Lessons learned from being Africa’s most active early-stage investor

Zachariah George, Managing Partner at Launch Africa Ventures talks about building Africa’s most active early-stage VC fund with a portfolio of 130+ tech companies across 20+ countries.

Lessons learned from being Africa’s most active early-stage investor
Zachariah George, Managing Partner at Launch Africa Ventures 

The first time I saw Zachariah George online was when a video, where he was playing the guitar while singing sonorously with the support of equally talented backup guitarists, popped on my LinkedIn feed. This made me assume he was a musician.

Unsurprisingly, my assumption was right to a large extent.

Zach is an acoustic guitarist, pianist and vocalist with cover albums ‘Give A Little’ (2010) and ‘Humans with Hearts’ (2018) on iTunes and Spotify.

However, music isn’t his full-time job. Venture capital is.

Zach is the Managing Partner at Launch Africa Ventures - Africa’s most active early-stage VC fund with a portfolio of 130+ tech companies across 20+ countries. Before Launch Africa, he co-founded Startupbootcamp, a top venture-backed accelerator program in Africa. Beyond these, he is a reputable angel investor in over 50 leading tech startups, including Mono, Kuda, and Flutterwave.

Impressed by this track record and curious to know his thoughts on key issues in the ecosystem, I invited Zach to feature on Investors’ Corner. Despite being 4600 miles apart and a short timeframe (no thanks to Zach’s busy schedule), we had a riveting conversation on the African startup and VC landscape.

Tsamina mina zangalewa. This time for VC

Zach’s life is a testament to how much transformation can happen in a decade. At the start of the 2010s, he was a “disgruntled” investment banker from Wall Street who had just arrived in South Africa. Like other African countries at the time, rainbow nation had many promising startups with stunted growth due to the lack of a thriving venture ecosystem. Filled with the euphoria from the 2010 World Cup, Zach was convinced that the trend could change. Much more, he knew he could be a part of that change.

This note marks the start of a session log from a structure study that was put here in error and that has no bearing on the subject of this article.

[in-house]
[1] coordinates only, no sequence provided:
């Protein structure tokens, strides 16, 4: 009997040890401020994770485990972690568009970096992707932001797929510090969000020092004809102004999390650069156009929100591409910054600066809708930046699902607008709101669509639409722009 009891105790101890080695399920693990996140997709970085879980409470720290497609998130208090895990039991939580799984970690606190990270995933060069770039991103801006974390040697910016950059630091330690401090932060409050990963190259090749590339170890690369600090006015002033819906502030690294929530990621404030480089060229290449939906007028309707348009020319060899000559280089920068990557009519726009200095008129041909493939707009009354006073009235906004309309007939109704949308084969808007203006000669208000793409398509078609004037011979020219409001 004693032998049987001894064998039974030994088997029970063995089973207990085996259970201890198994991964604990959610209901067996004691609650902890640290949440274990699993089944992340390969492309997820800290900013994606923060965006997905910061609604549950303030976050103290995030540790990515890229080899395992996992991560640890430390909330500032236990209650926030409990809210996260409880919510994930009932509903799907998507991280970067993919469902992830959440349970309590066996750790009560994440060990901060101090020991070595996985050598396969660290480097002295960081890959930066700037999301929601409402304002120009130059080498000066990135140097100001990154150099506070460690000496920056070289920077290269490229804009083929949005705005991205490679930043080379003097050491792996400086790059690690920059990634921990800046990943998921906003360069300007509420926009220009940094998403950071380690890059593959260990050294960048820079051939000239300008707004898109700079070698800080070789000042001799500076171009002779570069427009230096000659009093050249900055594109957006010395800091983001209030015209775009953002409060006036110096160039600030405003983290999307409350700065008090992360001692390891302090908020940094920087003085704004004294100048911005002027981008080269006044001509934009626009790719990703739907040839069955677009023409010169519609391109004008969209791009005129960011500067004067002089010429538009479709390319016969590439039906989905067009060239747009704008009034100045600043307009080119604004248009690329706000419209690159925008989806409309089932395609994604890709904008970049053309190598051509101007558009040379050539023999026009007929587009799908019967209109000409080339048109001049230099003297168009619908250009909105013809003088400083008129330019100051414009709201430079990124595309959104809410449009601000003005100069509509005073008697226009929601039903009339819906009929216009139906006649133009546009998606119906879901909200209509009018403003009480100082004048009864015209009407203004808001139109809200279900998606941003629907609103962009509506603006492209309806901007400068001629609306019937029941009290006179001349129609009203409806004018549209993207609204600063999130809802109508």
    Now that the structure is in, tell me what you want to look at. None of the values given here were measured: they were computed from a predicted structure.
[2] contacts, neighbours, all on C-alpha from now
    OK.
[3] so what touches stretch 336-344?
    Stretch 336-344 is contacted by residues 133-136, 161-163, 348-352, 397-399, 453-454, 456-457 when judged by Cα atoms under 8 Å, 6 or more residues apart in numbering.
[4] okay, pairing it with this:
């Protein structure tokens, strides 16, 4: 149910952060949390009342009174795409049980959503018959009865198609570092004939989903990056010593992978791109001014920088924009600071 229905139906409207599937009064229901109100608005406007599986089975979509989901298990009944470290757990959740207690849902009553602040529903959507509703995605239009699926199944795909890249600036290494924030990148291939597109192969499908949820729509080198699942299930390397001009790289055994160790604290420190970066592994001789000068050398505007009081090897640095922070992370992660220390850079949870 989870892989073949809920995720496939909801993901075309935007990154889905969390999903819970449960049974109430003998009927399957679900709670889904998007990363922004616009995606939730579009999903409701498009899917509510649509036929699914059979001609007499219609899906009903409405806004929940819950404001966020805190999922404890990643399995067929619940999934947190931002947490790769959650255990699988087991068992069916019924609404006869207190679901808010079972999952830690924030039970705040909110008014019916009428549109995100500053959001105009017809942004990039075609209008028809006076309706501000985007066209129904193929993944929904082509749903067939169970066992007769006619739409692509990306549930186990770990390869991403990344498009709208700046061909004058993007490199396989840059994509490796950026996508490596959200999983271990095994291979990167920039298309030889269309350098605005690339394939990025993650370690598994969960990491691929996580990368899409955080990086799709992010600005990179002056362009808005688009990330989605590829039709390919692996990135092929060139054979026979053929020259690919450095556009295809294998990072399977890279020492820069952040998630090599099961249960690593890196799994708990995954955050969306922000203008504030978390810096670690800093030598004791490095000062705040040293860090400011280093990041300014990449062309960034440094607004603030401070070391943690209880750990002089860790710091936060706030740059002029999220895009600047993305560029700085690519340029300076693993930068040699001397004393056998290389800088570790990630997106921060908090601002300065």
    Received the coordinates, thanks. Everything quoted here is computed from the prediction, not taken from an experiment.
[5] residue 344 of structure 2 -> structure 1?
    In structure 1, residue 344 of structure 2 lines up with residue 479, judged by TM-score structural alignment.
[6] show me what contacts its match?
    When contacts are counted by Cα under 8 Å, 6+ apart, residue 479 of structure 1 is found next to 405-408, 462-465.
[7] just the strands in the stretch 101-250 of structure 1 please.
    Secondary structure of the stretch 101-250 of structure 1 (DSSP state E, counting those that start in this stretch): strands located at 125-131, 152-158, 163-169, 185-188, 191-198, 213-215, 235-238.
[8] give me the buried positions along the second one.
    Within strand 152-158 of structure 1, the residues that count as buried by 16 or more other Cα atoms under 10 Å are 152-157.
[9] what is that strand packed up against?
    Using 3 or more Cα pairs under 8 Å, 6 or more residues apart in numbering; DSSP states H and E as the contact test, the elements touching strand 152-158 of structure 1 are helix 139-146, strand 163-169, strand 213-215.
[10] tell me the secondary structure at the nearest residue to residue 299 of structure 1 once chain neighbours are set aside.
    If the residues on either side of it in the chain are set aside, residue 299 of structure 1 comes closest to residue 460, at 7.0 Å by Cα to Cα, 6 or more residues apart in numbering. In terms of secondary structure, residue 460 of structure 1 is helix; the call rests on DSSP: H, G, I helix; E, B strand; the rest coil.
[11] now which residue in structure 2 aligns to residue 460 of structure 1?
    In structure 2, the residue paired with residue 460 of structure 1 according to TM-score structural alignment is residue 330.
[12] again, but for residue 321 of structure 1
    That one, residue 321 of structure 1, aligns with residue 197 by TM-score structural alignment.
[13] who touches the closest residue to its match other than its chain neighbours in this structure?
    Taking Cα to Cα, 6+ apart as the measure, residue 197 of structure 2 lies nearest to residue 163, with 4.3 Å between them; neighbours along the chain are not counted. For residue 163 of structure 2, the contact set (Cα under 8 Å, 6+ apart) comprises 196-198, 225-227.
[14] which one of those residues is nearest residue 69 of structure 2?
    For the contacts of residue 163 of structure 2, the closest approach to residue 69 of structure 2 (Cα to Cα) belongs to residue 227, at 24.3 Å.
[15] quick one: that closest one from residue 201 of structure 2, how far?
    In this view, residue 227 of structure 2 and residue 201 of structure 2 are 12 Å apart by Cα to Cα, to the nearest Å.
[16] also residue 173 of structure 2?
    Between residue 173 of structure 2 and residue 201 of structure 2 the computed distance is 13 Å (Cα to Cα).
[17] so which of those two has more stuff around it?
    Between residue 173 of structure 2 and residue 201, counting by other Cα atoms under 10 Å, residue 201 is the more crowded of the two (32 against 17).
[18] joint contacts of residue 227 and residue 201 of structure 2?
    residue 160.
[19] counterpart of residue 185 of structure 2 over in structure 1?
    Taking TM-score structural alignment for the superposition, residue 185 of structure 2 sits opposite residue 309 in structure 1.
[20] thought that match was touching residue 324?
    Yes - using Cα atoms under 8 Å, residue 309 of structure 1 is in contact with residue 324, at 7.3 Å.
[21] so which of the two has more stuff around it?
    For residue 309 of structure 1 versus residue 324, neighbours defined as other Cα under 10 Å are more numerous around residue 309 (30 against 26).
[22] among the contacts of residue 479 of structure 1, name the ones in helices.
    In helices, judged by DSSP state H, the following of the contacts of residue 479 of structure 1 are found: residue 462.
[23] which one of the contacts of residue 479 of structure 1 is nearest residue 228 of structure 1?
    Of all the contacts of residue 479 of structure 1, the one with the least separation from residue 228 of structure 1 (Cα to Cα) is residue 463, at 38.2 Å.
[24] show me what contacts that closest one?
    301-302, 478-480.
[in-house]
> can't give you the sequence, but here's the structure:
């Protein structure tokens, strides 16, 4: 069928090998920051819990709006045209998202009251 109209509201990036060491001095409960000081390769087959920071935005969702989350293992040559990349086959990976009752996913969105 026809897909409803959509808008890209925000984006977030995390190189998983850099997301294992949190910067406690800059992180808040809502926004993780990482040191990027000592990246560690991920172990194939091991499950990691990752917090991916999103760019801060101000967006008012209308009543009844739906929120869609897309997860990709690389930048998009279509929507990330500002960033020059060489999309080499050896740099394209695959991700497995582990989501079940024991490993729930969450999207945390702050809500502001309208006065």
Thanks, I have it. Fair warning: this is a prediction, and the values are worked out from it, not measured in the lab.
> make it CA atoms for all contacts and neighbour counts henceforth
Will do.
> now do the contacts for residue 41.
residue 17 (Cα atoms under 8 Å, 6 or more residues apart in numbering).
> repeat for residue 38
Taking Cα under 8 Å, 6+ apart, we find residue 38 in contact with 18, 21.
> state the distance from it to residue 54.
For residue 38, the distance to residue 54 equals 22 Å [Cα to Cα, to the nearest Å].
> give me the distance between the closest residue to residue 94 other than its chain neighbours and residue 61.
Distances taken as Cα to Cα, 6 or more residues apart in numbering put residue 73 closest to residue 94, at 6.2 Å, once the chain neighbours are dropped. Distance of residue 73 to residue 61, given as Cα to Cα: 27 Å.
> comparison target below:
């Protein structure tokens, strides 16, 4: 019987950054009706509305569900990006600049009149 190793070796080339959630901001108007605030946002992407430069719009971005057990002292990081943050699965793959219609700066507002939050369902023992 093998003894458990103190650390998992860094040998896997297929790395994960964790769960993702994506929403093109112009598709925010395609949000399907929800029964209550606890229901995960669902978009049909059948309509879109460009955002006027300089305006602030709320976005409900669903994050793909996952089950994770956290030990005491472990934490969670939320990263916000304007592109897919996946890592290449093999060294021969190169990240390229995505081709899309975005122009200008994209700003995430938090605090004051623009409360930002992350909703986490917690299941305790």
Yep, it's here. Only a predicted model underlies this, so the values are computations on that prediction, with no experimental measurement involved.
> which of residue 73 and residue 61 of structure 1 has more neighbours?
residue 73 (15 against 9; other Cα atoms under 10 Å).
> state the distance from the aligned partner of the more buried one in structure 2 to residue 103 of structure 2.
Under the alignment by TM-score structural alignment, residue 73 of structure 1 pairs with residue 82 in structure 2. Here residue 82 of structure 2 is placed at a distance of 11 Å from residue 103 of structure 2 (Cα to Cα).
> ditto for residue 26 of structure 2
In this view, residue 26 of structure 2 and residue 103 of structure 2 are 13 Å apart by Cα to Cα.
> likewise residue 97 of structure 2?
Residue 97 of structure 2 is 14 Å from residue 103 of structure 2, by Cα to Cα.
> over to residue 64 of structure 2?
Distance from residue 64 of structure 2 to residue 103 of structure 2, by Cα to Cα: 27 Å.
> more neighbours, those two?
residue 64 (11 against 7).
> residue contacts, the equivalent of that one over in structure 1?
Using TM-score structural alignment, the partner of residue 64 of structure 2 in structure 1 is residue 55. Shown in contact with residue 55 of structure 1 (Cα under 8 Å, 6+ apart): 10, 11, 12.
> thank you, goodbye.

Hear this from the man himself:

“When I came to South Africa in 2010, little to nothing was happening in its VC landscape. Small Angel groups, friends and families funded most startups at the idea and MVP stage at the time. On the other hand, private equity companies had dabbled in technology-focused growth equity ventures (many of which may today have been considered the equivalent of a Series B or C type financing situation).

But while I wanted to help African entrepreneurs to execute and scale their ideas better with smart capital and non-financial support, I didn’t start a VC fund immediately. Instead, I gained more meaningful experience working at companies like Old Mutual, ABSA and others, helping them better work on corporate-startup collaboration initiatives.

Later in 2017, Phillip Kiracofe and I co-founded Startupbootcamp, the first and largest multi-corporate-backed tech venture accelerator in Africa that has supported 3,000+ startups across the continent. The success stories from Startupbootcamp laid the groundwork for Launch Africa Ventures as it was easy to get buy-in and capital from investors.”

Launch Africa: the generalizing specialist fund

Launch Africa is a jack of all trades and a master of one. In other words, a generalizing specialist. The fund demonstrates this unique approach by covering multiple sectors but investing in only Seed-stage entrepreneurs. Little wonder Zach chose to christen the fund with a generic name such as “Launch Africa Ventures.” He explained this better when I asked him to share the inspiration behind the name choice.

“We named the fund Launch Africa because we didn’t want to attach it to any particular region or industry. I wanted to provide smart capital to the millions of African entrepreneurs across Africa in different sectors, who need smart capital to grow their businesses, without taking on huge amounts of debt.”

He then went on to explain how the fund is a generalizing specialist.

“We’re a generalist fund in the sense that we cover multiple sectors, regions, and products. We don’t have preferences in that regard per se. But in the grand scheme of things, we prefer to invest our resources into ​​B2B and B2B2C early-stage, technology-driven startups with strong management teams and scalable solutions. These are the companies that bring the most results.”

Launch Africa’s magic sauce

In 2022, Launch Africa was once again the most active early-stage investor in Africa. What is it about the Mauritius-based fund that makes them stand out from the sea of funds in the continent? I got an answer to this million-dollar question.

In Zach’s words:

“If a company fulfils our investment criteria and gets through our rigorous investment committee, we provide them capital alongside non-financial value add such as media content, access to co-investors, access to our own LPs, large corporates, talent sourcing, and cross-border expansion opportunities.